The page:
This year, the number of vacant properties on your book has been:
Basic economics can help explain what respondents are reporting in this survey. If demand for rental properties is constant and supply is low, prices will rise. While some tenants may have moved into home ownership, there was undoubtedly still high demand for rental properties throughout 2022, which has seen agents and landlords benefit from fewer void periods.
This ties into two trends we have seen in the results. Firstly, almost 70% of respondents reported having lower-than-usual vacancies, up from 65% in 2022.
How long does it usually take to find a new tenant for a property?
Secondly, almost 40% of those vacant properties were snapped up by a tenant in less than a week of being on the market. These two trends, plus the higher-than-usual rent increases reported elsewhere in this survey, point to a shortage of supply in the market. But the positive is that landlords and agents are experiencing shorter void periods, so both are experiencing fewer gaps in income. But is the industry attractive enough to encourage more landlords to enter the market? Read on to find out.
We asked participants to give insight into the discussions they were having with landlords across the UK in 2022, and the responses won’t come as a surprise to anyone who reads the news.
Do you expect landlords to increase, decrease or maintain current rental prices in the next year?
In 2023, most of those surveyed expect to see more increases from landlords. With interest rates stubbornly high, landlords with buy-to-let mortgages may have little choice if they’re making low yields and their mortgage rate is increased. Landlords with small mortgages or renting out homes that they own outright have more scope to maintain prices, but with high demand for rental properties from tenants, they may also be tempted to raise the rent.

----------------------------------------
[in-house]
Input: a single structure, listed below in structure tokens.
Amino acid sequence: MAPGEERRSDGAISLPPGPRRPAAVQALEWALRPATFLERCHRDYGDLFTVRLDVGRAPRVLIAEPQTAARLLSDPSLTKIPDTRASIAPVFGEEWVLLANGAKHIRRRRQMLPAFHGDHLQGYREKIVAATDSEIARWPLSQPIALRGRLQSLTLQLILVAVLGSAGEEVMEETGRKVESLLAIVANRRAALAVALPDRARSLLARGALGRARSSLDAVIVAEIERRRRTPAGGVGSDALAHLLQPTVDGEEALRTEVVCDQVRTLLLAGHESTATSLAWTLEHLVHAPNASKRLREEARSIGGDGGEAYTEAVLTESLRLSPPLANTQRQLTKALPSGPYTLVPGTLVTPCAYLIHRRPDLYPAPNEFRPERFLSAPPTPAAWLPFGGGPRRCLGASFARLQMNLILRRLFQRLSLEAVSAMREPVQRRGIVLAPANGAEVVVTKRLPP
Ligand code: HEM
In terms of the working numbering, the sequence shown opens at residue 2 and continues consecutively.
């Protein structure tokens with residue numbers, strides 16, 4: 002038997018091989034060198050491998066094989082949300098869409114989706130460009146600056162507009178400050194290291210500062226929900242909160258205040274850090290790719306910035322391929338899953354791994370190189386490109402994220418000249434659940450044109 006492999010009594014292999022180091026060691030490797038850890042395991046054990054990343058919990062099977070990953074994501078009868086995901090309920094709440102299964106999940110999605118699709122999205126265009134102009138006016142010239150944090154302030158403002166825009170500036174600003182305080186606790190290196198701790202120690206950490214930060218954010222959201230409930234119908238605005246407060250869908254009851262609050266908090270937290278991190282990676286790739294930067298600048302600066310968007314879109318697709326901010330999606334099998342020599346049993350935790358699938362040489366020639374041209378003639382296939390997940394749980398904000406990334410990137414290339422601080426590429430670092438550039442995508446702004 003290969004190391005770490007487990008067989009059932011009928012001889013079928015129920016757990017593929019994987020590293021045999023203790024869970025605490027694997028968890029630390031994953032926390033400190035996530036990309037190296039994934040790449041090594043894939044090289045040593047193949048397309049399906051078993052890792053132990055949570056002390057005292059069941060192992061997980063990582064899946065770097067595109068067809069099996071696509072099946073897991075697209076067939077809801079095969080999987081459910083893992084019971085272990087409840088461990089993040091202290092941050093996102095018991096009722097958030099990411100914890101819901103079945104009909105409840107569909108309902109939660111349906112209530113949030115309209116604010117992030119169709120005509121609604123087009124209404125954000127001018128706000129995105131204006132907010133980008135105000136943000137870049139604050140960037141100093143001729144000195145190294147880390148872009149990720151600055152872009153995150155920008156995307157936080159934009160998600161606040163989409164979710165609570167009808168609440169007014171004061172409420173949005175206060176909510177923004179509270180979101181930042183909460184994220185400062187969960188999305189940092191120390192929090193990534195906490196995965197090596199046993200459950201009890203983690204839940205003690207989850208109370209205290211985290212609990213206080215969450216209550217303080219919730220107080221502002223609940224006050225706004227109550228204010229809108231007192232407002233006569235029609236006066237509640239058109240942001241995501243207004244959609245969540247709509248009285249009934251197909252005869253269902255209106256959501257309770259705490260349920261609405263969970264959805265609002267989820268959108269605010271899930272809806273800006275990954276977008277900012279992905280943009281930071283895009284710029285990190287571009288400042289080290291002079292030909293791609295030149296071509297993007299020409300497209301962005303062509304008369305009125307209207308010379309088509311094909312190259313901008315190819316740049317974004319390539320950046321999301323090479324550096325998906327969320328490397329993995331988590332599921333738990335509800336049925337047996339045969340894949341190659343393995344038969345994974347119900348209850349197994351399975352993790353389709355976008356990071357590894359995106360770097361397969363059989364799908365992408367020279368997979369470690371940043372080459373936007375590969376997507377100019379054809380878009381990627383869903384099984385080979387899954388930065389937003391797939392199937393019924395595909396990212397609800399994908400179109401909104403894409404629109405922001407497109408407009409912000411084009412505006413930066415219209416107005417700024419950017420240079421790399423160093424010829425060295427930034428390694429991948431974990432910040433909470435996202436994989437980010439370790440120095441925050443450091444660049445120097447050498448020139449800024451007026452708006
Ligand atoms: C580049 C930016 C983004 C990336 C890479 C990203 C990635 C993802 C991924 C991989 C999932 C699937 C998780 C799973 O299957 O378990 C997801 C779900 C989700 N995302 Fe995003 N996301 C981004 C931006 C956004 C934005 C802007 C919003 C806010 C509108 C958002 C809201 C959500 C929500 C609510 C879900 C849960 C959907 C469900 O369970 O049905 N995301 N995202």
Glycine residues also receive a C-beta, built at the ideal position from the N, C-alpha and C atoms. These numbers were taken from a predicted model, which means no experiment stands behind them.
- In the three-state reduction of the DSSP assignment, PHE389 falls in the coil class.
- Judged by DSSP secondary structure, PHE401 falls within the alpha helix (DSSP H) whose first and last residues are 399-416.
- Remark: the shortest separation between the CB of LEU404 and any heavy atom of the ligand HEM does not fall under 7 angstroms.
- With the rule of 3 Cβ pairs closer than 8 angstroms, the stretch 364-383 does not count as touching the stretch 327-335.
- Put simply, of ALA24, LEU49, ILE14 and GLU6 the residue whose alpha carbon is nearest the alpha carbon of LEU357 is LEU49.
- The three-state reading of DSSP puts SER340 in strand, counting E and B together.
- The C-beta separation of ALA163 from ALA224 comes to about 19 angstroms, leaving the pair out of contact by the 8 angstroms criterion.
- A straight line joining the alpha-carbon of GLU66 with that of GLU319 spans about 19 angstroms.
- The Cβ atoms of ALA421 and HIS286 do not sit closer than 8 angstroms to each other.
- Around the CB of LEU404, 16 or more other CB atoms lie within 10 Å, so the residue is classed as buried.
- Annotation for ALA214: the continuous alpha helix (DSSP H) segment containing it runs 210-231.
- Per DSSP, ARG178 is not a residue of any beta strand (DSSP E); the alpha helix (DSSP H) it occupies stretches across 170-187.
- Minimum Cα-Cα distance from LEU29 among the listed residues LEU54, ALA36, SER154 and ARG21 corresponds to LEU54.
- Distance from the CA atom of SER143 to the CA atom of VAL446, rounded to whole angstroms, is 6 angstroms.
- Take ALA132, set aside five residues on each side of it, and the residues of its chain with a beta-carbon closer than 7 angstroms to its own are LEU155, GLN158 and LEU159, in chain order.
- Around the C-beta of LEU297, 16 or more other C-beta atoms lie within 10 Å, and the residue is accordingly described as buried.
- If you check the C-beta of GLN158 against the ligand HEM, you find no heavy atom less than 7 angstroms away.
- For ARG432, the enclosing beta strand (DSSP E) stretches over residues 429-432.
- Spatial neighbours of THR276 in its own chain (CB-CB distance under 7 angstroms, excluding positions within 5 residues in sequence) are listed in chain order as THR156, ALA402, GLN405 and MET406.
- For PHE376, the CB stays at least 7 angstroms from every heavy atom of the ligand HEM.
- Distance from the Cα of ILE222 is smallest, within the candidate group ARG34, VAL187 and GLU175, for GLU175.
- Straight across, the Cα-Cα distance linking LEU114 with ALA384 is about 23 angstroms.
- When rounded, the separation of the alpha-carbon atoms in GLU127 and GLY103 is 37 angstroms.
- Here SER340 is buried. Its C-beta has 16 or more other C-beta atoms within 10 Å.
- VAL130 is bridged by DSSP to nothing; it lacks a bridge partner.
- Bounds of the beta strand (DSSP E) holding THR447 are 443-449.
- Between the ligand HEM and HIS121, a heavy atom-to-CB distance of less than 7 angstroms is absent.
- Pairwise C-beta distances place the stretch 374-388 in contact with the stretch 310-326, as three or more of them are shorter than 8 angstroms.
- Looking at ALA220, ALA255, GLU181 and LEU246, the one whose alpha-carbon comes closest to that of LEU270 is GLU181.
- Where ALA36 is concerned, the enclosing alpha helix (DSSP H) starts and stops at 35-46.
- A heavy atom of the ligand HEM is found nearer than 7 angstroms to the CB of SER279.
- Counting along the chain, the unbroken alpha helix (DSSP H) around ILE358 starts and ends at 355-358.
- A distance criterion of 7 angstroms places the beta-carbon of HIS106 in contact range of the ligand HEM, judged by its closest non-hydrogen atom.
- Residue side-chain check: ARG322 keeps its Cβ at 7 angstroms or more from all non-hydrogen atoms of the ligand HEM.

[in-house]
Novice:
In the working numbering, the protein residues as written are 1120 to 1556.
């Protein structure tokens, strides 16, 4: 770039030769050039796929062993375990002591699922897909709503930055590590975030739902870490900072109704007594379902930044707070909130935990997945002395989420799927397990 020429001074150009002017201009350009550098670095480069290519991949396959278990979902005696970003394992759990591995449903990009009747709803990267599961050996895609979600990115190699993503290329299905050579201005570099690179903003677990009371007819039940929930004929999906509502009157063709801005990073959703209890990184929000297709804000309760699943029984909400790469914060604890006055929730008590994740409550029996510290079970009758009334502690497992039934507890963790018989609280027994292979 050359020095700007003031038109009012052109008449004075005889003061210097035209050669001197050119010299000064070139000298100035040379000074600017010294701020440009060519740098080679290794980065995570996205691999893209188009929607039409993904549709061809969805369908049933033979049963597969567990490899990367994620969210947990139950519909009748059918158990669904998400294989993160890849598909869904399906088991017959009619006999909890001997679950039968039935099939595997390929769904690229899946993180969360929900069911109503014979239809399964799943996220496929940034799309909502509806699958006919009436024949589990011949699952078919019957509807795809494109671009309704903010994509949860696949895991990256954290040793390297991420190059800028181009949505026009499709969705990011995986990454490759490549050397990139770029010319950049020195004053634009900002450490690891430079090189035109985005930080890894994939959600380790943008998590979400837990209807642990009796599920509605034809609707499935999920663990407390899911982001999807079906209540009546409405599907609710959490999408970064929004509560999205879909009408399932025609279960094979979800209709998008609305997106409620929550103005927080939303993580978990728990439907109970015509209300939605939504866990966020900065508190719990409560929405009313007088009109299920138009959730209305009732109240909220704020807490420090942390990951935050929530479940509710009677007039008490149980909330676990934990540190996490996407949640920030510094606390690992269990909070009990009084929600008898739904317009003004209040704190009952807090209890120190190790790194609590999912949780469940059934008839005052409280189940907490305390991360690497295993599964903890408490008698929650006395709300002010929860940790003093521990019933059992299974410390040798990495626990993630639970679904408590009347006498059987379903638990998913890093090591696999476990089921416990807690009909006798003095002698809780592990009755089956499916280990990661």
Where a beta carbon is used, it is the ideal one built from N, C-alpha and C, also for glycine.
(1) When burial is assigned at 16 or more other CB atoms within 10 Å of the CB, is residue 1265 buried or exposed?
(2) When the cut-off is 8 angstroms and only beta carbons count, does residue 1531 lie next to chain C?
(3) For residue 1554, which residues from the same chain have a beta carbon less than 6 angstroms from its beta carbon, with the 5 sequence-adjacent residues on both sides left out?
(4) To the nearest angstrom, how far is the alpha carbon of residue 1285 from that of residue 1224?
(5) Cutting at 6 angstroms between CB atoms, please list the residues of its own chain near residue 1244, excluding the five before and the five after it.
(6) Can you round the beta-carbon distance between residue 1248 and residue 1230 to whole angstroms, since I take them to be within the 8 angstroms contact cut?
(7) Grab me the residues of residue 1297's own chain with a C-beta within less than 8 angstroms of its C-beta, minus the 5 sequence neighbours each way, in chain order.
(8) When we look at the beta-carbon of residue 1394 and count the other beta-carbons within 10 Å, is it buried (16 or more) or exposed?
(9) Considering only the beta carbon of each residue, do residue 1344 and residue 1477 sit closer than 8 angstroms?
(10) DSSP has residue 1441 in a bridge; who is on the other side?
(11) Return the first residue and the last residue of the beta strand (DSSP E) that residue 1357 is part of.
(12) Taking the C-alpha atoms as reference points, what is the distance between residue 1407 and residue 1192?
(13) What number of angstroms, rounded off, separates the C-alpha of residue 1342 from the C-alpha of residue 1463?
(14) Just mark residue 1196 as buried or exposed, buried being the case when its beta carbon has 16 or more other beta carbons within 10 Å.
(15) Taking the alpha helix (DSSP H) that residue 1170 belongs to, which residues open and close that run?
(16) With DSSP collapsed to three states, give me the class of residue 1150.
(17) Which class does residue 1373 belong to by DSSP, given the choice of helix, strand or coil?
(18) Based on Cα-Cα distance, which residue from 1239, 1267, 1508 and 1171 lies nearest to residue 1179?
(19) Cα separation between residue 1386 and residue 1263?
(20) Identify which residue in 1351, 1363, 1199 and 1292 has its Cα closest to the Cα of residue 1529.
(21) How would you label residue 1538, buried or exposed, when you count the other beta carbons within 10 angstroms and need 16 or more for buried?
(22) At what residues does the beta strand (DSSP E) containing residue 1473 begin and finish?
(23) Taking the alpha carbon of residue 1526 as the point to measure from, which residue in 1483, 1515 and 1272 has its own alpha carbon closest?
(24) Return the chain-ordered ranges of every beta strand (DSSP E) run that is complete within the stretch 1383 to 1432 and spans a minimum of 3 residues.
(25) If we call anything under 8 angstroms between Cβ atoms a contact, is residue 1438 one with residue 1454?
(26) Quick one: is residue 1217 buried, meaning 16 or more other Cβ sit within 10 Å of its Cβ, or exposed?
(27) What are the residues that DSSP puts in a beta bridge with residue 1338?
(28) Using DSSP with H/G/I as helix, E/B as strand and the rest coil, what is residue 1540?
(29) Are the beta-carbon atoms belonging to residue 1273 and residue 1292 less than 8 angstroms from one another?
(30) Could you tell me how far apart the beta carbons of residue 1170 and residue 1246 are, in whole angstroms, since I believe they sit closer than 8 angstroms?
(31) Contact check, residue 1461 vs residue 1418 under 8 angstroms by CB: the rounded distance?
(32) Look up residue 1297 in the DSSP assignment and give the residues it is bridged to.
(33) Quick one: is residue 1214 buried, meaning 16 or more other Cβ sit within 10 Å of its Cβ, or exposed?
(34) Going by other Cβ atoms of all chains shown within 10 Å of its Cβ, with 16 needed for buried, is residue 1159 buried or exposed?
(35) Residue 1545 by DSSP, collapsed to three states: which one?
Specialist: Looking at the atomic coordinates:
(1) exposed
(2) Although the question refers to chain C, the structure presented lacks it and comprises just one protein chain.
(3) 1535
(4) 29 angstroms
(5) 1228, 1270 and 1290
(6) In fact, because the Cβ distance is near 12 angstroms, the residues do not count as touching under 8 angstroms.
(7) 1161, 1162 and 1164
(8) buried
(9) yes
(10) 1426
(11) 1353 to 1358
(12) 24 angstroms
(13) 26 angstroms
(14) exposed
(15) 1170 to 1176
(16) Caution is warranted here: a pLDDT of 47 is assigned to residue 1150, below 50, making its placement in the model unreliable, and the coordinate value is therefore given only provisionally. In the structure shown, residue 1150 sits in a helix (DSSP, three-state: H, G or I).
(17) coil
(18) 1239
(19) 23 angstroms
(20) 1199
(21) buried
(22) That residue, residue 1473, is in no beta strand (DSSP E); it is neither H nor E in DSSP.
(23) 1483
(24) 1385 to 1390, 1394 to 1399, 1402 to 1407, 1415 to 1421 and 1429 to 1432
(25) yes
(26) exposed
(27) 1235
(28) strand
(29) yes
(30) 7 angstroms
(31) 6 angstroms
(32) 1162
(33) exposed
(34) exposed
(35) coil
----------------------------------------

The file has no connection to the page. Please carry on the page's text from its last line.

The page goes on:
However, with interest rates on mortgages declining, more landlords may be tempted into the market and current landlords may be encouraged to acquire new buy-to-let properties as house prices fall. This could potentially bring more choice for tenants and more stable rental prices.
What are your landlords' current
plans and activities?
For the first time ever in our Rental Confidence Index, respondents are reporting that more landlords are selling their properties than maintaining or adding to their portfolios.
However, this presents an opportunity for the more than 50% of agencies represented in our survey that offer both sales and lettings. Not only can you help with the sale of the property and earn commission, but you can also ensure all of your landlords that are looking to expand their portfolios are aware the property is for sale. As a result, you may be able to earn commission on the sale and the continued management of the property as part of another landlord's buy-to-let portfolio.
Have you lowered your commission due to cost pressures to keep a landlord as a client?
Agents have had to protect their income in 2022, but it is good to see that over 80% of respondents have not lowered their commission to keep a landlord. This shows that, on the whole, they know the value of the service they offer and won’t succumb to a ‘race to the bottom’ where price is the main deciding factor on who a landlord lets their property through.
Do you feel that landlords have a good understanding of the current rental market?
Finally, it’s encouraging to see that over half of landlords have a good understanding of the market, which could be down to agents providing valuable insights to help landlords make informed decisions.